Behavior Based Interviewing
What is it?
◊ An interview style that believes that the best predictor of what an individual will do in the future is what he/she has done
in the past. Since past behaviors are a good indicator of future actions, interviewers find this format to have an excellent
◊ The interviewer does not rely just on intuition but instead asks probing questions concerning the applicant's character,
experiences, behaviors, knowledge, skills, and abilities.
◊ Behavior based interviewing is designed to obtain the most information about past behavior as it relates to specific
Behavioral questions usually begin with such phrases as:
◊ Describe for me...
◊ Tell me about...
◊ Give me an example of...
How to respond to a behavior based question:
◊ The ideal way to respond to a behavior-based question is by using the STAR technique as outlined below:
S - Situation:
Describe a specific situation that relates to the question.
T - Task:
Describe your task. What goals did you have?
A - Action:
Describe the action that you took.
R - Result:
Describe the positive result or outcome of the situation.
Sample STAR story:
◊ Situation (S):
Advertising revenue was falling off for my college newspaper, The Jambar, and a large number of long-term advertisers
were not renewing contracts.
◊ Task (T):
My goal was to secure contracts with as many former and new advertisers as possible to generate more advertising
◊ Action (A):
I designed a new promotional packet to go with the rating sheet and compared the benefits of the Jambar circulation
with other advertising medium in the area. I also arranged for a Williamson College of Business Administration professor to
conduct a special training session about selling strategies for the newspaper's account executives.
◊ Result (R):
We signed contracts with eight former advertisers for daily ads and five for special supplement ads. Also, the paper
increased the number of new advertisers by 20 percent over the same period last year.
◊ Evaluate your own background to identify your skills and experience related to the job objective. Develop and
rehearse brief scenarios about how you used those skills, each illustrating a specific activity or task required by the job.
Each "story" should explain the problem and your solution, and give the results in quantified terms, if possible.
◊ Be prepared to provide examples of occasions when results were not as expected and for questions asking for more detail
than you have already given. The skilled interviewer will probe your skill in handling failure as well as success.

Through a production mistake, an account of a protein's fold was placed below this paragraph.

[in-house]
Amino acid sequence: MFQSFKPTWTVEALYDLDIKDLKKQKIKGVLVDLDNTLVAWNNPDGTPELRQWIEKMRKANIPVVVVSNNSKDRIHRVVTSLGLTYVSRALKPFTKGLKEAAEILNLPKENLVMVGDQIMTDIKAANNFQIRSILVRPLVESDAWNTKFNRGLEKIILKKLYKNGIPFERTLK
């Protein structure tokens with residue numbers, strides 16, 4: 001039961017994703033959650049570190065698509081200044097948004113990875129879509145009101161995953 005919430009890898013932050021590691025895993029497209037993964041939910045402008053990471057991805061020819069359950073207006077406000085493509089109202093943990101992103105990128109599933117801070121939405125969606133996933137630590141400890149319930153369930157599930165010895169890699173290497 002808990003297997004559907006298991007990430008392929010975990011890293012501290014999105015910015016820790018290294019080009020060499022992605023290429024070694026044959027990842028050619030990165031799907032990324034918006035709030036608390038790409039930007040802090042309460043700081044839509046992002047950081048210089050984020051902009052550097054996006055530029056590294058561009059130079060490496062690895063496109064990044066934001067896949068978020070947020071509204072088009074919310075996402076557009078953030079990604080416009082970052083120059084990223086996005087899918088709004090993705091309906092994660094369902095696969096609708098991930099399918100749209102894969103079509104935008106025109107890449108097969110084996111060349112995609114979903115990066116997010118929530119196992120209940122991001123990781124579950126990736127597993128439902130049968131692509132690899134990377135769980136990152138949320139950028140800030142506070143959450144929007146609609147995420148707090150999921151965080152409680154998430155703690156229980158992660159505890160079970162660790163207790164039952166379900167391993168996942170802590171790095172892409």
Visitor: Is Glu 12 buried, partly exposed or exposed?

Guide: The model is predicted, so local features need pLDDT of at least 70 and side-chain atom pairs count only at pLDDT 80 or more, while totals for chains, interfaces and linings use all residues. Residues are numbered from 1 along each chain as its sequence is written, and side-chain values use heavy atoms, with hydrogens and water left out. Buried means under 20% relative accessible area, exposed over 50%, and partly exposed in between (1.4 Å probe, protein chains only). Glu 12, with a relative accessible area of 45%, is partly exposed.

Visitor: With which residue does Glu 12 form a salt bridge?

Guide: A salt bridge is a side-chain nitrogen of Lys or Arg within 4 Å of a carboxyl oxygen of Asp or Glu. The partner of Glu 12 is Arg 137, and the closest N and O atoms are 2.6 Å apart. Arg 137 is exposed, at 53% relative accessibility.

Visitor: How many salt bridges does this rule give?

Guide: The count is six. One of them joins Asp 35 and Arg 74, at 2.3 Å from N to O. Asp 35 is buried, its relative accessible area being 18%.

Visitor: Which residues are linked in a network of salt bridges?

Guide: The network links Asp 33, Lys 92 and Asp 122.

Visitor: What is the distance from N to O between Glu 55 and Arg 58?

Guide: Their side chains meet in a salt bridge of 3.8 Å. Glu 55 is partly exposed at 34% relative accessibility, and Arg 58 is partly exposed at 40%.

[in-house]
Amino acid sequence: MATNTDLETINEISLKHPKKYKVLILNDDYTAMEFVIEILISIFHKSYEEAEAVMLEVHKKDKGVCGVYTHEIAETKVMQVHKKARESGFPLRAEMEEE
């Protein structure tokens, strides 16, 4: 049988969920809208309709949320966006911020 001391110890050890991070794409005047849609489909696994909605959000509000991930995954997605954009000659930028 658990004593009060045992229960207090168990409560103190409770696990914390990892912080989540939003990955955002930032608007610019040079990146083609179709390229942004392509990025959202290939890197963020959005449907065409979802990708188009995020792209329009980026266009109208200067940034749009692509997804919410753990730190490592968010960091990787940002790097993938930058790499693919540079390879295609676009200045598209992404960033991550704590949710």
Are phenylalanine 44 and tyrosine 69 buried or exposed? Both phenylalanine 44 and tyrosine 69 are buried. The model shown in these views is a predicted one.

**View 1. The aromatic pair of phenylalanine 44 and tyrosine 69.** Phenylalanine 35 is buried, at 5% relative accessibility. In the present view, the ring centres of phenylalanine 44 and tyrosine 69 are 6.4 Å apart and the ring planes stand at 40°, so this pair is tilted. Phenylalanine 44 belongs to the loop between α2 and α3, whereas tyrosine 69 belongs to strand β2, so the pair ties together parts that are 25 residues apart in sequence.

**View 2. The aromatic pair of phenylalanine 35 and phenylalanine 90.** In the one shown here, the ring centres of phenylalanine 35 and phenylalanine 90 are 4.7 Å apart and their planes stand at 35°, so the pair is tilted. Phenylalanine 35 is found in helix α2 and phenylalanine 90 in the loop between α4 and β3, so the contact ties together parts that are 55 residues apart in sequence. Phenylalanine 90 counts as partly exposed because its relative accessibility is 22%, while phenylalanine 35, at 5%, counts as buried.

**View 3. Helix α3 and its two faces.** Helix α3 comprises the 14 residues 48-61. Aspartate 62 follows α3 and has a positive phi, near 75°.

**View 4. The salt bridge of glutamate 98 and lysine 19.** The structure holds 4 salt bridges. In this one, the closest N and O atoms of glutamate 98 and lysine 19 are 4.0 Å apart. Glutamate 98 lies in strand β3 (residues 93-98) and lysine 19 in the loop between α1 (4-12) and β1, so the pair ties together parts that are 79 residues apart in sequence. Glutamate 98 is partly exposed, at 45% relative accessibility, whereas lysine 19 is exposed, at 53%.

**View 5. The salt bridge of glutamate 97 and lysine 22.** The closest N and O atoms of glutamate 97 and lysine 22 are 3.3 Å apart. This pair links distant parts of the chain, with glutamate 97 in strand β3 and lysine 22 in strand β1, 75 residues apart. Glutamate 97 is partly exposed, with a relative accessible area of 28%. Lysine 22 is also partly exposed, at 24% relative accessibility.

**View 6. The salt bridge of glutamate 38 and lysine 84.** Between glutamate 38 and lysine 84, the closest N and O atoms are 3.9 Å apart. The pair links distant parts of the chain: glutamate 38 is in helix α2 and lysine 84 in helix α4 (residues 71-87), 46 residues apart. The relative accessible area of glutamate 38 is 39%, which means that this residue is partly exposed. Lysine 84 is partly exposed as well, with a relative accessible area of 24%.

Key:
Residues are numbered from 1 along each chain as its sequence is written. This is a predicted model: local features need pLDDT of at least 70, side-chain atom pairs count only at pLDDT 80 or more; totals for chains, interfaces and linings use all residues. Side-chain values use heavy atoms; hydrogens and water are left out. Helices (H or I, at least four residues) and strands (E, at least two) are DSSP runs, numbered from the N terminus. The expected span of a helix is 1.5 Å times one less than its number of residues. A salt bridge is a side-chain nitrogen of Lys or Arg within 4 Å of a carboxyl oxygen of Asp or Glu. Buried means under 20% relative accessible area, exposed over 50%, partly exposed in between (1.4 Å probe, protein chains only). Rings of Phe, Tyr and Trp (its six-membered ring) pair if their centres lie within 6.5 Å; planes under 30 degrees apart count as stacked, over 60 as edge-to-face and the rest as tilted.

◊ Identify three to five top selling points -- attributes that set you apart from other candidates -- and be sure you point
them out during the interview.
SAMPLE Behavioral Based Questions:
1. Sometimes it's easy to get in "over your head". Describe a situation where you had to request help or assistance on a
project or assignment.
2. Give an example of how you applied knowledge from previous coursework to a project in another class.
3. Describe a situation where others you were working with on a project disagreed with your ideas. What did you do?
4. Describe a situation in which you found that your results were not up to your professor/supervisor's expectations. What
happened? What action did you take?
5. Give me an example of a time when you had to be quick in coming to a decision, and how did you arrive at that decision?
6. You are working on a group project. Three members of the group are working very hard, one member is hardly working.
Without that person's contribution, the project will never be finished on time. What do you do?
7. Describe a time in which you felt it was necessary to modify or change your actions in order to respond to the needs of
8. Tell me about a time when you had to work with an irate person/customer/client. How did you handle the situation and
what was the eventual outcome?
9. Sometimes it's important to disagree with others to keep a mistake from being made. Tell me about a time when you
were willing to disagree with another person in order to build a positive outcome.
10. Tell me about the most discouraging feedback you have received in the past year. What did you do about it?
11. Describe the system you use for keeping track of multiple projects. How do you track your progress so that you
can meet deadlines? How do you stay focused?
12. Give me an example of a situation where you sought out a problem to solve because it represented a challenge to you.
13. Give me an example of a time when you used good judgement and logic in solving a problem.
14. Tell me about a time when you had to use your communication skills to get a point across.
15. By examples, convince me that you can adapt to a wide variety of people, situations, and environments.
16. Tell me about a time when you failed and what happened.